Our so-called leaders did not drop from Hell, but are actually just a reflection of our society. Replace [any of them] with even yourself and you will be surprised at what you will do or become.

Popular broadcast journalist Funmi Ayanda also wrote about her frustration with the prevalence passive hand-wringing:

I have sat in the company of bank MDs who stole billions of money, ruling party leaders who manipulate the electoral process and steal billions on naira, pastors of un taxed mega churches where all the above pay staggering sums in tithes and contribution and listened in disbelief as they all moan about bad leadership and the Nigerian situation. I have often mentally checked my teeth for visible spinach; perhaps the joke is on me?

So make l for no crase finish l ask simple questions like, “so what do you think we should do” what is within our own control immediately and how do we build on that? “What will my role be in that”? Usually, the conversation goes no further because l sometimes think both Nigerians and foreigners have a morbid fascination with Nigeria’s undeniable failures.

On February 9th, after weeks of political wrangling, the Senate  confirmed Jonathan as acting President. Many in the blogosphere saw the event as cause for celebration. Solomonsydelle of Nigerian Curiosity provided an excellent analysis of the situation as it unfolded (See here for her coverage). She wrote:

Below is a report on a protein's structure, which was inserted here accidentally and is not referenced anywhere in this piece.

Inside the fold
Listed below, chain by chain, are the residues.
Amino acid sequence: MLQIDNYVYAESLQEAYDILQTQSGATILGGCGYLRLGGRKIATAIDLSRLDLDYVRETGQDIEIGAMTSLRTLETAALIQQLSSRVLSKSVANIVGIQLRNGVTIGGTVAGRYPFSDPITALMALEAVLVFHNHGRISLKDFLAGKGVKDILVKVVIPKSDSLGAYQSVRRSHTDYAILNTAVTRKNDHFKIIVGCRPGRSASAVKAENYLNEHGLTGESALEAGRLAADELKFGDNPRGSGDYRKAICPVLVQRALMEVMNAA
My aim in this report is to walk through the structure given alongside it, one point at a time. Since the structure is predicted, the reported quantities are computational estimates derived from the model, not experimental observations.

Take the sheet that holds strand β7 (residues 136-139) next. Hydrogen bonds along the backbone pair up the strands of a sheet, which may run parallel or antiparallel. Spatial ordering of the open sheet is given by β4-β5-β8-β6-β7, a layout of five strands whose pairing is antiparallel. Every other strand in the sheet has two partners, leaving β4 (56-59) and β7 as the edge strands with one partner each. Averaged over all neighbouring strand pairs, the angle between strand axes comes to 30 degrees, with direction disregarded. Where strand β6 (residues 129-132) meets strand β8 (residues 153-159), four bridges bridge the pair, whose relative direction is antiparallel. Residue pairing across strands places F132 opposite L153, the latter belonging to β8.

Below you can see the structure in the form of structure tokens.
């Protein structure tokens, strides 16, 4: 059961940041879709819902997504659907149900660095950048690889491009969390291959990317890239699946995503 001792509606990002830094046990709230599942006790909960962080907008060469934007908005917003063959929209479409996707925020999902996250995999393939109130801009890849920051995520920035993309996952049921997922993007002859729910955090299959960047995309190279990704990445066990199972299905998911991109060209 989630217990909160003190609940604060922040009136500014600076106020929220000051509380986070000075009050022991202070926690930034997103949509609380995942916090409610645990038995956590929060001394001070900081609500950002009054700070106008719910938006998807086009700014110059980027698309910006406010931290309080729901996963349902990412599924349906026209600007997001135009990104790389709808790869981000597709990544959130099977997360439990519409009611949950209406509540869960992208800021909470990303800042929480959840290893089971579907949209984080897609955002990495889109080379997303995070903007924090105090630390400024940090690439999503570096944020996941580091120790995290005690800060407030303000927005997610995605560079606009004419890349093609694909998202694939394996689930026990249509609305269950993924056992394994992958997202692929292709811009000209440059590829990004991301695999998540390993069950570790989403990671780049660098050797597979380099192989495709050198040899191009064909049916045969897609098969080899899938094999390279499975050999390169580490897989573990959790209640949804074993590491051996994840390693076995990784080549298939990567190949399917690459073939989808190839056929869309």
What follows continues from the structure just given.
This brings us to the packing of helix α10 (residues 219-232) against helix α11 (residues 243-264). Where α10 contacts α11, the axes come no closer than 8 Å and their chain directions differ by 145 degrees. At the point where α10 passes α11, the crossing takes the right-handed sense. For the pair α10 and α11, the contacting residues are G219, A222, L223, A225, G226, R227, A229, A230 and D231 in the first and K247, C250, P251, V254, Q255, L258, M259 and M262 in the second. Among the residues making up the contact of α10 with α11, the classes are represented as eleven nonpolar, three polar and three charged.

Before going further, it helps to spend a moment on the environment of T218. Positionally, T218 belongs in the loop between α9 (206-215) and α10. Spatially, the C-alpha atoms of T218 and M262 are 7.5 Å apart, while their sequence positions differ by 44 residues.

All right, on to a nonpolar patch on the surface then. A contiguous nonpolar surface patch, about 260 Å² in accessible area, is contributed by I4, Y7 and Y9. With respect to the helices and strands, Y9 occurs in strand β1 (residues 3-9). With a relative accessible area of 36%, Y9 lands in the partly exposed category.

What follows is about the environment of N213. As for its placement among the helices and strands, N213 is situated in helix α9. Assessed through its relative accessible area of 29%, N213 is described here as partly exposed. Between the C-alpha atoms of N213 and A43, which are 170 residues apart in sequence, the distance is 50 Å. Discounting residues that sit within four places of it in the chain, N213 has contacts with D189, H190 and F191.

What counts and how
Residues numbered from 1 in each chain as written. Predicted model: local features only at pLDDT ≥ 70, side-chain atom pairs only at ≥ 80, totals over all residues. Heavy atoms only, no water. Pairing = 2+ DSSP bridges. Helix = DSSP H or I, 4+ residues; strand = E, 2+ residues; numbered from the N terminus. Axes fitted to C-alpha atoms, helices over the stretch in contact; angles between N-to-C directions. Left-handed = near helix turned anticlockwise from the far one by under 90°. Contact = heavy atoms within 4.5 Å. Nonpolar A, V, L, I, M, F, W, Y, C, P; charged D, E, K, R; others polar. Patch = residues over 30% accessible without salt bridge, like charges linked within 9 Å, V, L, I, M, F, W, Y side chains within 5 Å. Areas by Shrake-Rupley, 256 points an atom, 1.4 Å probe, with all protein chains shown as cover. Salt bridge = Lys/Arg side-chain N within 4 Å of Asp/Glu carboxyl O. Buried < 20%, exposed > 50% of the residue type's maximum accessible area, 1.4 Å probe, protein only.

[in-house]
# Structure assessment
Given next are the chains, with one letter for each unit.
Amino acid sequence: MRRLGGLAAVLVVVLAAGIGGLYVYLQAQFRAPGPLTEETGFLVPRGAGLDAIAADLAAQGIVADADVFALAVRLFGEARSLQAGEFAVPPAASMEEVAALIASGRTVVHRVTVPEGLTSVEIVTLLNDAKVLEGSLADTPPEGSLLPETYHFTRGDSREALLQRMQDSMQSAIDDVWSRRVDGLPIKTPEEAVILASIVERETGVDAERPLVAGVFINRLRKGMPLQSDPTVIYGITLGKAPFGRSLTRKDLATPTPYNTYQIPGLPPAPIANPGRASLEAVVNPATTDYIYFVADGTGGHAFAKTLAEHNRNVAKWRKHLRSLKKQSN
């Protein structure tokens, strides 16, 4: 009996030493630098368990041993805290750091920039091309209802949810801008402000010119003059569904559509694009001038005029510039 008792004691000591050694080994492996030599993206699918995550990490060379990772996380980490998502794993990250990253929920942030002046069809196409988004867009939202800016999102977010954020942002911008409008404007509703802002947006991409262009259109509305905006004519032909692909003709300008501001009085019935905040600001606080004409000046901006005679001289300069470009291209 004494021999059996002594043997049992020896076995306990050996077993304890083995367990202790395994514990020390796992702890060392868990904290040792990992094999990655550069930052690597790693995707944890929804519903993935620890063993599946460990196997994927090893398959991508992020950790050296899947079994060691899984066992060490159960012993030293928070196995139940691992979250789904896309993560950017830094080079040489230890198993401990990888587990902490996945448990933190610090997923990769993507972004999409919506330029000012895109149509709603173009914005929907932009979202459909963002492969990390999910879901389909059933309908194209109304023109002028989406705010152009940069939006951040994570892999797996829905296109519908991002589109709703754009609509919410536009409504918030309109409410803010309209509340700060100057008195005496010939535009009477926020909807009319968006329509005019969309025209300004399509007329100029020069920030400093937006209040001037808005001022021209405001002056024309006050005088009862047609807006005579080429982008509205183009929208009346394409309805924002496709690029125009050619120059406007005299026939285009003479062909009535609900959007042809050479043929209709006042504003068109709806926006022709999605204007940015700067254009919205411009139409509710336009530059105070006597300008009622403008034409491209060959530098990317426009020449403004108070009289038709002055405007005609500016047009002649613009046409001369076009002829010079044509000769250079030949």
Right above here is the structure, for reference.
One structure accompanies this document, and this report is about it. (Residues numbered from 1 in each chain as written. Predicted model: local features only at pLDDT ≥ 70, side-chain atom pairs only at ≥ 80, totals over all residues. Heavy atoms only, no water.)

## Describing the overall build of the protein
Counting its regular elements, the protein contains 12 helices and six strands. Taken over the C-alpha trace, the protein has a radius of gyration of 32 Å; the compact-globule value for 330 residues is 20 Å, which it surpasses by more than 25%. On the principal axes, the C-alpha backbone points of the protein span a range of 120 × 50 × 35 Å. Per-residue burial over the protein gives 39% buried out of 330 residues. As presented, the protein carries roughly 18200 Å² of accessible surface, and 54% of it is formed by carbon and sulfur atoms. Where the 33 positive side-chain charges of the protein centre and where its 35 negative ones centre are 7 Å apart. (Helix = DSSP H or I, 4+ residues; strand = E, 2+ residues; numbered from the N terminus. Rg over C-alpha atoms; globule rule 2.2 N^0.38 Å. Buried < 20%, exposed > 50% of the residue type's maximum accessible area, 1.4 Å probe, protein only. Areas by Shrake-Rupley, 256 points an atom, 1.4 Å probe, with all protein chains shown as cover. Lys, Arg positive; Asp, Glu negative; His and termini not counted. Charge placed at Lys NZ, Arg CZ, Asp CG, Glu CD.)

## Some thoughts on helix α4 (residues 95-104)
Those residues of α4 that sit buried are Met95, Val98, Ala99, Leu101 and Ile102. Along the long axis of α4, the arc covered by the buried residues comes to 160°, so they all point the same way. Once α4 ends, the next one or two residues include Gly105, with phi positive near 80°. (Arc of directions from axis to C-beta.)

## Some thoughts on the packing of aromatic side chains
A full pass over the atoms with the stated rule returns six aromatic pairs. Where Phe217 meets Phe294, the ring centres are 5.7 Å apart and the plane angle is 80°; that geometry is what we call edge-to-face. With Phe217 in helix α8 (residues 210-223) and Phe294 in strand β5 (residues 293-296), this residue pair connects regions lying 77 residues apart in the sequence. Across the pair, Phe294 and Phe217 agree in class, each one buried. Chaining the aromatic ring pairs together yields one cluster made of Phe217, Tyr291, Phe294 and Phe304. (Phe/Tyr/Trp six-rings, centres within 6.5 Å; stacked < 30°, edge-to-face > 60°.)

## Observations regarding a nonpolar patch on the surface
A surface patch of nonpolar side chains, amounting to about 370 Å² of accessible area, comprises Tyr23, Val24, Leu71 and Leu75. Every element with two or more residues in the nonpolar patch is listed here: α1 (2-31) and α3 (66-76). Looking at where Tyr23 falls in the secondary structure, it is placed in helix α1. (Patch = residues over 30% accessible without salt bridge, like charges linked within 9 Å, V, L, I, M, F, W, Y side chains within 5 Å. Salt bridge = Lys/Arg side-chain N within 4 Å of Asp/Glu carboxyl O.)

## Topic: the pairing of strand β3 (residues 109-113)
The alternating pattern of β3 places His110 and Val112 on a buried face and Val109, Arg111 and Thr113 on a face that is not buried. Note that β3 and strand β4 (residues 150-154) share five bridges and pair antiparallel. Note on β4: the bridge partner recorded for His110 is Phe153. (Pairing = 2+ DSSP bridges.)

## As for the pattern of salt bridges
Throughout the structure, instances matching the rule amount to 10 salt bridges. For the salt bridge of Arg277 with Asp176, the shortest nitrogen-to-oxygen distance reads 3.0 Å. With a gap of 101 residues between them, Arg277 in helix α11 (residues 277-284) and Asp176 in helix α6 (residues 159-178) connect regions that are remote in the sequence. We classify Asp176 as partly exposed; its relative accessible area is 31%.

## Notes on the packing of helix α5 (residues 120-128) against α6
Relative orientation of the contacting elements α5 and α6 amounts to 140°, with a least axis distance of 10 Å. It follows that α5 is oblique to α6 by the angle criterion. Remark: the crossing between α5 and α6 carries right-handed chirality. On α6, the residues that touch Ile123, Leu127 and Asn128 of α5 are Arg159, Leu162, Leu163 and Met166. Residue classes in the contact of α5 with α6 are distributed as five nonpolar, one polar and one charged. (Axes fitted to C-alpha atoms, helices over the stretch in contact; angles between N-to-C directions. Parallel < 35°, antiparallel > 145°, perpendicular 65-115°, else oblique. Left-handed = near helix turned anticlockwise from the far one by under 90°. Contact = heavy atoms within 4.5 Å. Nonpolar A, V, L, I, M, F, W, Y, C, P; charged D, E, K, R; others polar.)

February 9th could possibly go down in history as a day when democratic political measures where used to take Nigeria one step further down the path to becoming a true democratic nation.

Akin, too, was guardedly hopeful:

Maybe and just maybe, we might just have a good President and the good luck in his name brings good fortune to Nigeria, maybe, we can hope, maybe, we can dream, maybe, we can expect, maybe, we can realise – A New Nigeria.

But others saw reason for concern, pointing out that although Jonathan's assumption of power might be a political necessity, it was not explicitly permitted by the Nigerian Constitution.  Max Siollun summed up the predicament as follows:

Jonathan’s confirmation as VP will hopefully put an end to the controversy (at least temporarily), and will give the leadership some semblance of order and due process. While we have arrived at a PRACTICAL solution, I am not sure that the manner and circumstances in which Jonathan was appointed acting VP was LEGAL.

Jide Salu acknowledged the constitutional ambiguity, but was primarily thankful that the country finally has a leader.

I just want some peace and direction. If you were residing in the country, you would understand better. Nigeria was not only headless, it was directionless with all the looting that has gone on and still going. Which for now is under wraps.

Ana Nimmos was optimistic, but also saw cause for concern:

[The political resolution] may not be the actual end of this logjam as it presents its own challenges. For instance, by this resolution – if we accept it for arguments sake – Nigeria now has two Presidents -though one is acting. Yar'adua never left power and Goodluck should be very careful what actions he takes.

Loomnie also highlighted unanswered questions for the future:

One also has to think about the machine that was ruling the country all the while Yar’Adua was not available. Is the new President Goodluck Jonathan going to be able to take charge of the machine? Is he going to be deferring to it/them? Those are going to be crucial questions in the next few months.